Canadian Forest Service Publications

Response of predators to loss and fragmentation of prey habitat: a review of theory. 2006. Ryall, K.L.; Fahrig, L. Ecology 87: 1086-1093.

Year: 2006

Issued by: Atlantic Forestry Centre

Catalog ID: 26214

Language: English

Availability: PDF (request by e-mail)

Mark record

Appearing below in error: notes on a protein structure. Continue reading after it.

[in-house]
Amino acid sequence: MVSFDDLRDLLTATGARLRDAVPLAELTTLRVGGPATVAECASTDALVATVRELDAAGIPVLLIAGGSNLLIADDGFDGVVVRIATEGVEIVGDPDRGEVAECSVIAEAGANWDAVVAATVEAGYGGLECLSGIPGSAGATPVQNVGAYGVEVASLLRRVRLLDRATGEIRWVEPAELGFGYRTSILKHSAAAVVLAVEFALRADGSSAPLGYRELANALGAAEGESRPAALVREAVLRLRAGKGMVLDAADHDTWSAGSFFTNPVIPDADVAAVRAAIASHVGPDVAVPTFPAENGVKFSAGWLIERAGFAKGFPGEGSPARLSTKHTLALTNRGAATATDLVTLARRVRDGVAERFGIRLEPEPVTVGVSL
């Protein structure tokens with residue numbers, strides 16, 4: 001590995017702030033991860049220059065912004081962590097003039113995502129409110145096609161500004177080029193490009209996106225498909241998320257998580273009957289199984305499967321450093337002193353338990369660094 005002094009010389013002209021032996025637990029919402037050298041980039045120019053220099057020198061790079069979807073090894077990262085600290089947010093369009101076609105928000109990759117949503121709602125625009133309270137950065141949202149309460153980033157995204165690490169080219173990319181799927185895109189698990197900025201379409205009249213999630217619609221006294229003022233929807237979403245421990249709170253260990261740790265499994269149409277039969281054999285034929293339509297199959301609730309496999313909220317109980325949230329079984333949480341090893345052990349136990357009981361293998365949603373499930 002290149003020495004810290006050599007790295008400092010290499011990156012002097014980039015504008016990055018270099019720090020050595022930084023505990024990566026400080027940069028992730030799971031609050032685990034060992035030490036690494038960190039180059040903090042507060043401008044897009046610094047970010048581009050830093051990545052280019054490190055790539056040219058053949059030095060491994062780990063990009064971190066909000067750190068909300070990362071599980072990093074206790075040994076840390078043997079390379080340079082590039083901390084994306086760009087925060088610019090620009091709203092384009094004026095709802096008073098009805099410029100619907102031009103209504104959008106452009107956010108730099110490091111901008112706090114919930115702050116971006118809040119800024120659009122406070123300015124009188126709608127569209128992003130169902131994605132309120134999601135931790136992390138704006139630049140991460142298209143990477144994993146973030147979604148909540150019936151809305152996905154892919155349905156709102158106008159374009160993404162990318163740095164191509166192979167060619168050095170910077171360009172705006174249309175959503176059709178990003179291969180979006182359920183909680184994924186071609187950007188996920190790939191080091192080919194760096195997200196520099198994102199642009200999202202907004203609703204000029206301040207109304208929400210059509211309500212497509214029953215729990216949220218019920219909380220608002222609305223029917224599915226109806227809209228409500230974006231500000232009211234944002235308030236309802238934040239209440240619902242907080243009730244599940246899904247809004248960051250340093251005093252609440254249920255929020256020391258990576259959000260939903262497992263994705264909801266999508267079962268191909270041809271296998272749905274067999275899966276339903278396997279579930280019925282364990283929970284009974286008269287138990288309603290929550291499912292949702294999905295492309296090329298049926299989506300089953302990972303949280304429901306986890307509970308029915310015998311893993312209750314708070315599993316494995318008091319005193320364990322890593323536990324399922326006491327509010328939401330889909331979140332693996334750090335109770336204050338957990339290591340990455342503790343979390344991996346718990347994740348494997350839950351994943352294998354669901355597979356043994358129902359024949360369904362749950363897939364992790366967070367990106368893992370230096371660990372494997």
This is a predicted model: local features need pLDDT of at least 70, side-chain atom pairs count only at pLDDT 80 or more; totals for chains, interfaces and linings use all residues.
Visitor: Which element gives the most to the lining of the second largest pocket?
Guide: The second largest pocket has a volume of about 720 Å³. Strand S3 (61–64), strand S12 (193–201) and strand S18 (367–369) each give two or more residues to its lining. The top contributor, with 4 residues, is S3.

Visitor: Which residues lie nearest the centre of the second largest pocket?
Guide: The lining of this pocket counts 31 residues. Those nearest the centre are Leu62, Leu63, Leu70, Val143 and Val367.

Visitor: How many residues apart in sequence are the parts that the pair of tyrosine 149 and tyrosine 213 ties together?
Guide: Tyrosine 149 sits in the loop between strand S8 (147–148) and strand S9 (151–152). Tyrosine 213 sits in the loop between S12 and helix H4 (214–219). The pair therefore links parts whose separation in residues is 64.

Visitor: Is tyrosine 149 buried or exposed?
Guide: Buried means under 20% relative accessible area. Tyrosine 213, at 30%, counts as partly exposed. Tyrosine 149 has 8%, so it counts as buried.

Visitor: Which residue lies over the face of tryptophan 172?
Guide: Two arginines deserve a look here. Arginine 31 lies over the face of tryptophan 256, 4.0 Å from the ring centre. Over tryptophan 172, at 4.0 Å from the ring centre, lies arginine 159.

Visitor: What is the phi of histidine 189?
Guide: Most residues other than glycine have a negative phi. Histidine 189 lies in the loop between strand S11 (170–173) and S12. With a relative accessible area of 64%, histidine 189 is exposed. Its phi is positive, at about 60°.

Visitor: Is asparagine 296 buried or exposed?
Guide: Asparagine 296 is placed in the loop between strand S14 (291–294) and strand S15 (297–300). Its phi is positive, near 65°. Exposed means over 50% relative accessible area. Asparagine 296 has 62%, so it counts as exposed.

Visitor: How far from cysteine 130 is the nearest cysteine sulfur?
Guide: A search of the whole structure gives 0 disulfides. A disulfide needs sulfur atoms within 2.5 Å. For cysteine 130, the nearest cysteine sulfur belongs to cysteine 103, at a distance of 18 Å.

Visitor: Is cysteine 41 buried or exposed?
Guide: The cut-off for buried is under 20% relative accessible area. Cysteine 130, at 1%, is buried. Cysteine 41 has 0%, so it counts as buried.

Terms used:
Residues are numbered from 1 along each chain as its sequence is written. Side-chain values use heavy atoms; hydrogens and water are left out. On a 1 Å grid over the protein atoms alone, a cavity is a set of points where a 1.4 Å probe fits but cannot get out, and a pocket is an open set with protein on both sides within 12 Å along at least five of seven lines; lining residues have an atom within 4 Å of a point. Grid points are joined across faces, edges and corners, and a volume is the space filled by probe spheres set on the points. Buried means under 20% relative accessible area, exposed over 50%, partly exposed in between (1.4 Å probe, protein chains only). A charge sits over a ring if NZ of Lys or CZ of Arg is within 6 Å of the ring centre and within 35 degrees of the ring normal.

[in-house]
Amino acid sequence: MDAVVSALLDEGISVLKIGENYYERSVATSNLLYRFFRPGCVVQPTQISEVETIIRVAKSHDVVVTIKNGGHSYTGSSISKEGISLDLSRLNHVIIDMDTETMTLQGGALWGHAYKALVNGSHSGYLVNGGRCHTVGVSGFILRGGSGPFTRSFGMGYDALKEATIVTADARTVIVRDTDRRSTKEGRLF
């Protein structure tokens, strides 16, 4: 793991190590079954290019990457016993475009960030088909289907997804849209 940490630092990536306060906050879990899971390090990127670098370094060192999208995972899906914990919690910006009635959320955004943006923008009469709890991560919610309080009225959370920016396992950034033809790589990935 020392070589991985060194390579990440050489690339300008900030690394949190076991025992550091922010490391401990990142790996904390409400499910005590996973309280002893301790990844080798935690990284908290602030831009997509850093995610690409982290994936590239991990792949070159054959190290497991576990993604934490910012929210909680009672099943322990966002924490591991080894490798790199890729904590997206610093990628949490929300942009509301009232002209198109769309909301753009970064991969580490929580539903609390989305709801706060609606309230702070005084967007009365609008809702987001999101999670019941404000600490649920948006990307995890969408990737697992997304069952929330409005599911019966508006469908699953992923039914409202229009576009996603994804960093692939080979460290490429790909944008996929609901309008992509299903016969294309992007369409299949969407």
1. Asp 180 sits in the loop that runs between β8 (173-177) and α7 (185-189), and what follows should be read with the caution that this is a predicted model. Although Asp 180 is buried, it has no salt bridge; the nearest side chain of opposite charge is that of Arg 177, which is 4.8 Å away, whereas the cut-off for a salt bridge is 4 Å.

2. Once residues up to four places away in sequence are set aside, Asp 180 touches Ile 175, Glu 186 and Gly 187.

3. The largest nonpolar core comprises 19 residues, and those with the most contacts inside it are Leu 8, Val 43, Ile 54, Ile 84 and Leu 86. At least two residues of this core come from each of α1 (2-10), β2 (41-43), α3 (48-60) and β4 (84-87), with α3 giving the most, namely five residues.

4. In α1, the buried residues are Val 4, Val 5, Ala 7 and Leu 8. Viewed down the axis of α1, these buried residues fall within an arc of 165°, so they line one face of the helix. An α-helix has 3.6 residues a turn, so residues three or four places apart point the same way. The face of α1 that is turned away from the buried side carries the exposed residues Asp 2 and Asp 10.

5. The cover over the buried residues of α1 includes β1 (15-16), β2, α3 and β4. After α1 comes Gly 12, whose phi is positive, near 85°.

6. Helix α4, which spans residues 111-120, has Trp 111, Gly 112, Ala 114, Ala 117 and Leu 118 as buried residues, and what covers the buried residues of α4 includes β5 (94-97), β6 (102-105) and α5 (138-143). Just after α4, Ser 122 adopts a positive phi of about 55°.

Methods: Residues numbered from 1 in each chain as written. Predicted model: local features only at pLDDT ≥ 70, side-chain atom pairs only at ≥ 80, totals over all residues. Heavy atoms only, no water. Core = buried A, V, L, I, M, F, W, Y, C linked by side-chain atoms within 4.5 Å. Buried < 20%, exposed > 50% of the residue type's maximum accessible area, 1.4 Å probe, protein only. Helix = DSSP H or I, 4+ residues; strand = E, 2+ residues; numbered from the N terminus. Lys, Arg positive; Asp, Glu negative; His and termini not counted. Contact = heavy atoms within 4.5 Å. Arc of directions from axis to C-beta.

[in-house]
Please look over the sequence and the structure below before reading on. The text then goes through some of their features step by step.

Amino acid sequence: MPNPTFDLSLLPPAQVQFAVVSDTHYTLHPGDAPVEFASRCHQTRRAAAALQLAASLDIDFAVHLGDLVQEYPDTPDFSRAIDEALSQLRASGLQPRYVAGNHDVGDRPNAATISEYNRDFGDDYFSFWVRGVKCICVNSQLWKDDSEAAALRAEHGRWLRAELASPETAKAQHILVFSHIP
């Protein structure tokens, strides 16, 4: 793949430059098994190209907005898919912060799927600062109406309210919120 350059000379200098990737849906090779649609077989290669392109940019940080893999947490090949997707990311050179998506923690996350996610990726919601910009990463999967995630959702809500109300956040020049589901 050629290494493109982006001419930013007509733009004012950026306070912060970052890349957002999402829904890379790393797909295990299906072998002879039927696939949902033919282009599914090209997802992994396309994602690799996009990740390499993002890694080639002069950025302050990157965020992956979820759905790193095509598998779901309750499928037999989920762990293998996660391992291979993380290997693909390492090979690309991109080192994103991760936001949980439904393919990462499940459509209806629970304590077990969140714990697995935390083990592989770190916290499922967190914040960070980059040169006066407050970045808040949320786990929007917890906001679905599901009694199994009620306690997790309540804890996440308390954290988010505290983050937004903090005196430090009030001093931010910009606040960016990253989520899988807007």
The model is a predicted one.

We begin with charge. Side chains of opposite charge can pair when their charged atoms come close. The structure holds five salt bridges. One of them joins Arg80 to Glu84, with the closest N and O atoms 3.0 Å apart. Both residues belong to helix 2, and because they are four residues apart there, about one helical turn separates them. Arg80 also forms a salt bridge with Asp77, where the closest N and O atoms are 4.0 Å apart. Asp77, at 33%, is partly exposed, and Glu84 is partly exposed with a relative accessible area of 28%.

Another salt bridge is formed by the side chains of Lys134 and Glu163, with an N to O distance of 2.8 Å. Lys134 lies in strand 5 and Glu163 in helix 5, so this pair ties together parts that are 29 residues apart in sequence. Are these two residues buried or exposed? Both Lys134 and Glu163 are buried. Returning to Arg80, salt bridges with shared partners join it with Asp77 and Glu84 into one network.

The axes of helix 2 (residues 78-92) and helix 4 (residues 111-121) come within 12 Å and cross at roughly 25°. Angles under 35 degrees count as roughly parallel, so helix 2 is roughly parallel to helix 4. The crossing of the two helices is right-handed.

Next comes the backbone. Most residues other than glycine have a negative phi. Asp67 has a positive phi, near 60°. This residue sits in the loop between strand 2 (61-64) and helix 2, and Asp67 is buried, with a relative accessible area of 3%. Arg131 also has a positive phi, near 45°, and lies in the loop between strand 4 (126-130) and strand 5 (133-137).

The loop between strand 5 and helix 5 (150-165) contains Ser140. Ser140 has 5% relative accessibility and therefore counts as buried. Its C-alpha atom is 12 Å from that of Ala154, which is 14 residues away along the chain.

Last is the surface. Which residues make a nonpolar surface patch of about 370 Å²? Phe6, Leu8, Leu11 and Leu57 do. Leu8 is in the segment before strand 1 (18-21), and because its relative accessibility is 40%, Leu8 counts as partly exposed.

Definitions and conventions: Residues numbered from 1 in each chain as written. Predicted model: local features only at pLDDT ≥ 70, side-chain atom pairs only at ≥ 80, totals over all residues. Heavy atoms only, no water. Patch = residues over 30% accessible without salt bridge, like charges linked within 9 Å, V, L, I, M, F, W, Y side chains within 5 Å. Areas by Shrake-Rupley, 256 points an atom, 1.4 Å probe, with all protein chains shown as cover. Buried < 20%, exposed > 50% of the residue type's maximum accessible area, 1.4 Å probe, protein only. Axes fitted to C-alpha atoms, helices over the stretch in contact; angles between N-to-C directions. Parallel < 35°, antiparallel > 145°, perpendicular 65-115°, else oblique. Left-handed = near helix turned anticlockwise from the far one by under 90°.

Despite extensive empirical research and previous reviews, no clear patterns regarding the effects of habitat loss and fragmentation on predator–prey interactions have emerged. We suggest that this is because empirical researchers do not design their studies to test specific hypotheses arising from the theoretical literature. In fact, theoretical work is almost completely ignored by empirical researchers, perhaps because it may be inaccessible to them. The purpose of this paper is to review theoretical work on the effects of habitat loss and fragmentation on predator–prey interactions. We provide a summary of clear, testable theoretical predictions for empirical researchers. To test one or more of these predictions, an empiricist will need certain information on the predator and prey species of interest. This includes: (1) whether the predator is a specialist on one prey species or feeds on many kinds of prey (omnivore and generalist); (2) whether the predator is restricted to the same habitat type as the focal prey (specialist), can use a variety of habitats but has higher survival in the prey habitat (omnivore), or lives primarily outside of the focal prey's habitat (generalist); (3) whether prey-only patches have lower prey extinction rates than predator–prey patches; and (4) whether the prey emigrate at higher rates from predator–prey patches than from prey-only patches. Empiricists also need to be clear on whether they are testing a prediction about habitat loss or habitat fragmentation and need to conduct empirical studies at spatial scales appropriate for testing the theoretical prediction(s). We suggest that appropriate use of the theoretical predictions in future empirical research will resolve the apparent inconsistencies in the empirical literature on this topic.